Last Thursday, The New Yorker published Ayn Rand Reviews Children’s Movies, a very funny series of capsule film reviews written from the perspective of the notoriously humorless, cat-loving Objectivist.
A farm animal ceases to be useful and is disposed of humanely. A valuable lesson for children. — Four stars.
“The Muppets Take Manhattan”
This movie was a disappointment. The Muppets do not take Manhattan at all. They merely visit it. — No stars.
Another pig farmer fails to do his job. — No stars.
Brilliantly penned by The Toast’s Mallory Ortberg, the article immediately hit #1 on The New Yorker’s Most Popular chart, where it stayed for several days:
The day after the New Yorker article went live, accusations of plagiarism started appearing on Twitter, pointing to an article with a similar concept published ten months earlier in the confusingly-named The Newer York.
Sean Gill’s Ayn Rand Reviews 12 Classic Movies didn’t focus on children’s movies, but shared a similar format — concise capsule summaries of films satirizing Rand.
Mallory Ortberg responded:
This offshoot was my favorite exchange:
With a little digging, I found exactly that — an earlier New Yorker article with Ayn Rand movie blurbs, published only seven months before the Sean Gill article.
In the July 29, 2013 issue, John Hodgman wrote “Ask Ayn,” channeling Rand’s opinions on Caddyshack and The Shining, Phil Donahue and “Charlie’s Angels”:
My moral philosophy is founded on the idea that there is an objective reality, and that man’s senses can perceive this objective reality. This faculty, which is man’s reason, is paramount above all else. He takes for evidence only his own experience, his own judgment, and that is why I do not hesitate to say, objectively, definitively, that “Caddyshack” is the year’s best movie.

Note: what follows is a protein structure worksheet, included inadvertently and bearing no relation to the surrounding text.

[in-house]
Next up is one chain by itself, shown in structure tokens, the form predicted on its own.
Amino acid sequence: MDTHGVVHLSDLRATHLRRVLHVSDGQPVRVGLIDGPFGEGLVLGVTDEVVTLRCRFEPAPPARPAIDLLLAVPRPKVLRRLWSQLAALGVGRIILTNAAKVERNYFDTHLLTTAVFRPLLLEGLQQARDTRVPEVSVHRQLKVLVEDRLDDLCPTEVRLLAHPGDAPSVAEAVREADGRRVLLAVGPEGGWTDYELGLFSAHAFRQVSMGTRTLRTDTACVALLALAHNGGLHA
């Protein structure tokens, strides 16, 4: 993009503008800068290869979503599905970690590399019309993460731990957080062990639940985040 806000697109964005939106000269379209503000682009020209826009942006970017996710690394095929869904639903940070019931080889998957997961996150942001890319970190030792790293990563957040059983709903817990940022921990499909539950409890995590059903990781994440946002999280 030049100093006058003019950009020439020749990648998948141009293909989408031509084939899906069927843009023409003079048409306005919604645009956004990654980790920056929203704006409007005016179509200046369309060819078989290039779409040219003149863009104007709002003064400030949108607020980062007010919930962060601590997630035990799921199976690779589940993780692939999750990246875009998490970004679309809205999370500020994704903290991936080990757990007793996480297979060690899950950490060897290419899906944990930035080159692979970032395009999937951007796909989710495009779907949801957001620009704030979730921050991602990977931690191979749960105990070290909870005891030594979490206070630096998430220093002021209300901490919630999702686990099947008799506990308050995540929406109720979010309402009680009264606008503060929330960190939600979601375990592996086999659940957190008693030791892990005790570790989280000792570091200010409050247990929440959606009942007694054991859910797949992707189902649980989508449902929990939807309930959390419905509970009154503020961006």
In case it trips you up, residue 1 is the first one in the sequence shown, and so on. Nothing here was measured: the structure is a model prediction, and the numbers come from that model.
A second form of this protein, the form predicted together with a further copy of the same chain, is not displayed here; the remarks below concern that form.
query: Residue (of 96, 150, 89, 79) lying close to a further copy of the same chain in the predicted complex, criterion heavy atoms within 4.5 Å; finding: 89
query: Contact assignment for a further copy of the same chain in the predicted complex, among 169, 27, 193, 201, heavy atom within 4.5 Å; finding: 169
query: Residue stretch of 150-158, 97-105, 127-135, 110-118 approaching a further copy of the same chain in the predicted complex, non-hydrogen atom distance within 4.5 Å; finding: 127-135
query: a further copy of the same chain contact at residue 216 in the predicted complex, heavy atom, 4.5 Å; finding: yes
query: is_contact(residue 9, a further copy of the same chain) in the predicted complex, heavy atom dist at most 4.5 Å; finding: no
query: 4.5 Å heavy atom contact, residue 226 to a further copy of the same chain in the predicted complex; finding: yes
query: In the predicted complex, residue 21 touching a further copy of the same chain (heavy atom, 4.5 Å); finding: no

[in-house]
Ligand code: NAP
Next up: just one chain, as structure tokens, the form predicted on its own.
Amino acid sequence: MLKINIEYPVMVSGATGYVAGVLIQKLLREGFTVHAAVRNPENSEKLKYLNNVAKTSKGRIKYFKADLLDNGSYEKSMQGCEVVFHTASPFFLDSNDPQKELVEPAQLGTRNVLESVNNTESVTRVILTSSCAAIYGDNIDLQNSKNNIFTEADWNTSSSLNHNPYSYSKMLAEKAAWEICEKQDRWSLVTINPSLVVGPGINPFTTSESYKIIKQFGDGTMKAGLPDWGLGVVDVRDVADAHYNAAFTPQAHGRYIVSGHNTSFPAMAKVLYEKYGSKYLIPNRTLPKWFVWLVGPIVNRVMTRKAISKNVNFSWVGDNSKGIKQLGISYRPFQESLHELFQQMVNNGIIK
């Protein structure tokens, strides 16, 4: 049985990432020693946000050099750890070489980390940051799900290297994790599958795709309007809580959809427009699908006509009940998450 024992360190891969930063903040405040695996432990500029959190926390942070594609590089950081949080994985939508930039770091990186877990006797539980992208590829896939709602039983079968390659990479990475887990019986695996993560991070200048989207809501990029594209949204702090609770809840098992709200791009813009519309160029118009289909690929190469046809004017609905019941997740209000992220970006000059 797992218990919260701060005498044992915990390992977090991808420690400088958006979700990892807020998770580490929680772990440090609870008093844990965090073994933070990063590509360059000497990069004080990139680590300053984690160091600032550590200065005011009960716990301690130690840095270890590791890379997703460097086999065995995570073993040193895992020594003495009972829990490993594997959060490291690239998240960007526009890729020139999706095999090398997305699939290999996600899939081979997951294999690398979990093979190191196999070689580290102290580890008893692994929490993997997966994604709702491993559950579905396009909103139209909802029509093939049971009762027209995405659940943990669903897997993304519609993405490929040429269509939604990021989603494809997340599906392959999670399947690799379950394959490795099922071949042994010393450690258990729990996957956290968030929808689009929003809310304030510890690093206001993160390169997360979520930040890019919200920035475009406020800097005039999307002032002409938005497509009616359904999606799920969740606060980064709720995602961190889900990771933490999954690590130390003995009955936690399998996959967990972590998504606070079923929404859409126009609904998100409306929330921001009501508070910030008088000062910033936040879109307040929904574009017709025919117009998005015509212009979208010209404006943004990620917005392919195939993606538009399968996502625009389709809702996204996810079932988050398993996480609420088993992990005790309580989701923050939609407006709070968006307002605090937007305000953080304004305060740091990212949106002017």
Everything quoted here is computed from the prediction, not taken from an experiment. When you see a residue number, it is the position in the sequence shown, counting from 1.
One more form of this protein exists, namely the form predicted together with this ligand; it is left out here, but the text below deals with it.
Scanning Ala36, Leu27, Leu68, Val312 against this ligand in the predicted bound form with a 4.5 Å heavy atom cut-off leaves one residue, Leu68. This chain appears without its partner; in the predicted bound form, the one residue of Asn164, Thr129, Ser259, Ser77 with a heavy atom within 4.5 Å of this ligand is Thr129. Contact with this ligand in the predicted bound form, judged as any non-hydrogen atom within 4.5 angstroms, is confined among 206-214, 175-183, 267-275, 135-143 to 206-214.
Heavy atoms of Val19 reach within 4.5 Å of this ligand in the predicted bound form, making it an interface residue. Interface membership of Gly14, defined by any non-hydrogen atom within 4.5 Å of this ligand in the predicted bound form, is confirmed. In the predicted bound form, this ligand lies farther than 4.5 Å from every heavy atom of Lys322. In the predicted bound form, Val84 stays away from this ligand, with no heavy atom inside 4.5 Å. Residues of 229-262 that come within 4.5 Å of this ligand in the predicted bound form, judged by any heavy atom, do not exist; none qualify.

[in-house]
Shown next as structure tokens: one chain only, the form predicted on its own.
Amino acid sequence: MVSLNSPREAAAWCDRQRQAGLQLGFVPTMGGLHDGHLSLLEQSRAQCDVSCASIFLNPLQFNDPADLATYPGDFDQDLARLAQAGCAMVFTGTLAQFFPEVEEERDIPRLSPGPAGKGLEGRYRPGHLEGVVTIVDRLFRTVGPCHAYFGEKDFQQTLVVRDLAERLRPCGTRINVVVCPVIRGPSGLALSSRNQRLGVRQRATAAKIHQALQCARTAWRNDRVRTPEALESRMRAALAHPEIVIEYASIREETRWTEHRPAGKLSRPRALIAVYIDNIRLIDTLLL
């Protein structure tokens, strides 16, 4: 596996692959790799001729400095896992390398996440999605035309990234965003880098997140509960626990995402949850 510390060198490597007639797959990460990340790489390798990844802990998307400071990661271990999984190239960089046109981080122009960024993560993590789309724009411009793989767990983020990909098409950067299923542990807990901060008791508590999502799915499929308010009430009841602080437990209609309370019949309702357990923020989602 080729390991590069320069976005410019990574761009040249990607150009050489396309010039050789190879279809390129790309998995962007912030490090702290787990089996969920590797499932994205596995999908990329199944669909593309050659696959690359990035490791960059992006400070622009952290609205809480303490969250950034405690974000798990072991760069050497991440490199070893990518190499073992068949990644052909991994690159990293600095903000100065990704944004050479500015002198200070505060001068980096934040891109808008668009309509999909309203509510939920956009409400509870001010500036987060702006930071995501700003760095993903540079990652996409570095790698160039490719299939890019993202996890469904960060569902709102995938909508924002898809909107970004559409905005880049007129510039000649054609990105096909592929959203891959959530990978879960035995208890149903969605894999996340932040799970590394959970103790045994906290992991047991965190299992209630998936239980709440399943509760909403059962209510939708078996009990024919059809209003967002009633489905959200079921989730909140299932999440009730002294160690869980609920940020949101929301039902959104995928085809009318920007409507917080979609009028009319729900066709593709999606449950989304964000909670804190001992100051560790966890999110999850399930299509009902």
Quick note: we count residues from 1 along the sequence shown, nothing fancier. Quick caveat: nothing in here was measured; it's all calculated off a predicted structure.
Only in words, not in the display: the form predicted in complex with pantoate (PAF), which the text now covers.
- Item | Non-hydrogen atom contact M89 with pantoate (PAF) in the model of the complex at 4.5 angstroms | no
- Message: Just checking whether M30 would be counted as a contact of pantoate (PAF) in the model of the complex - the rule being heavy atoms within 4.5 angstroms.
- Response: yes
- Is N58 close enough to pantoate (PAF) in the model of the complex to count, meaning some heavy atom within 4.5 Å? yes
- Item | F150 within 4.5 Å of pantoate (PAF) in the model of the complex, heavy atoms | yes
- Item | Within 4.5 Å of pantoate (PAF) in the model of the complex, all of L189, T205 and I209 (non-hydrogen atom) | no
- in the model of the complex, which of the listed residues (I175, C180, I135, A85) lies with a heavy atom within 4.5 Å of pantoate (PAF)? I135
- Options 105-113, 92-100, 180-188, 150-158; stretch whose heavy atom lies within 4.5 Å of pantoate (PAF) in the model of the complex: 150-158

Rodney Dangerfield plays a self-made man who is not ashamed of his ambition, who does not apologize for his success, and who gets excitement from the joyful reality that we are all going to get laid if we are willing to be productively selfish and to stop coddling the weak. In other movie news, I did not like how easily the boy escaped Jack Nicholson in “The Shining.” I have solved all the hedge mazes in the United States and Europe, and I can tell you they are not that complicated.
Seven months after John Hodgman published Ayn Rand movie reviews in the New Yorker, Sean Gill published them in the Newer York. Ten months after that, Mallory Ortberg published her own. All distinct, all original.
The other day, I made up a dumb joke:
“Roughest job in the animal kingdom: cricket comedians.”
It was dumb, but it made me and my friends laugh, so I started to post it to Twitter. Then, on a whim, I searched Twitter’s archives for it. Never do this.
My joke, the one I’d invented moments before, has been posted once or twice every month in different variations by dozens of people for the last three years.
In the sciences, this is called “multiple discovery” — two or more people inventing the same thing on their own — and there are countless well-documented historical examples of the phenomenon, from the invention of calculus to the theory of natural selection.
In comedy, this is called “joke theft.”
In the past, we’d typically only hear about conflicts when there was money to be made. Lawsuits and feuds between underdogs and established artists.
But the inevitable side effect of making vast amounts of our collective creative effort accessible and searchable to the world — combined with the deep interconnectedness of social tools — means we can hear cries of plagiarism on a daily basis from friends and fans, instead of just artists.
The truth is that making anything is hard, and you’re likely to attribute originality and uniqueness to anything made by you or someone you love—and when someone else comes along with the same idea, the natural assumption is that they’re a hack.
This is a cognitive bias worth fighting against, especially if you’re a fan on the sidelines. Plagiarism is a very serious accusation and can be very, very embarrassing if you’re wrong.
Sean Gill, the writer of the earlier Newer York piece, eventually got in touch with Mallory Ortberg on Saturday.
Technology can make it easy to see how obvious your ideas are, if you dare to look. But is that a reason not to make something?
You probably aren’t the first person to come up with an idea, but who cares? That doesn’t mean your version isn’t original. Everything you make is shaped by you, with your fingerprints engraved into it.
I really hope my favorite writers and comics never discover Twitter’s search engine.
Sometimes it’s better not to know.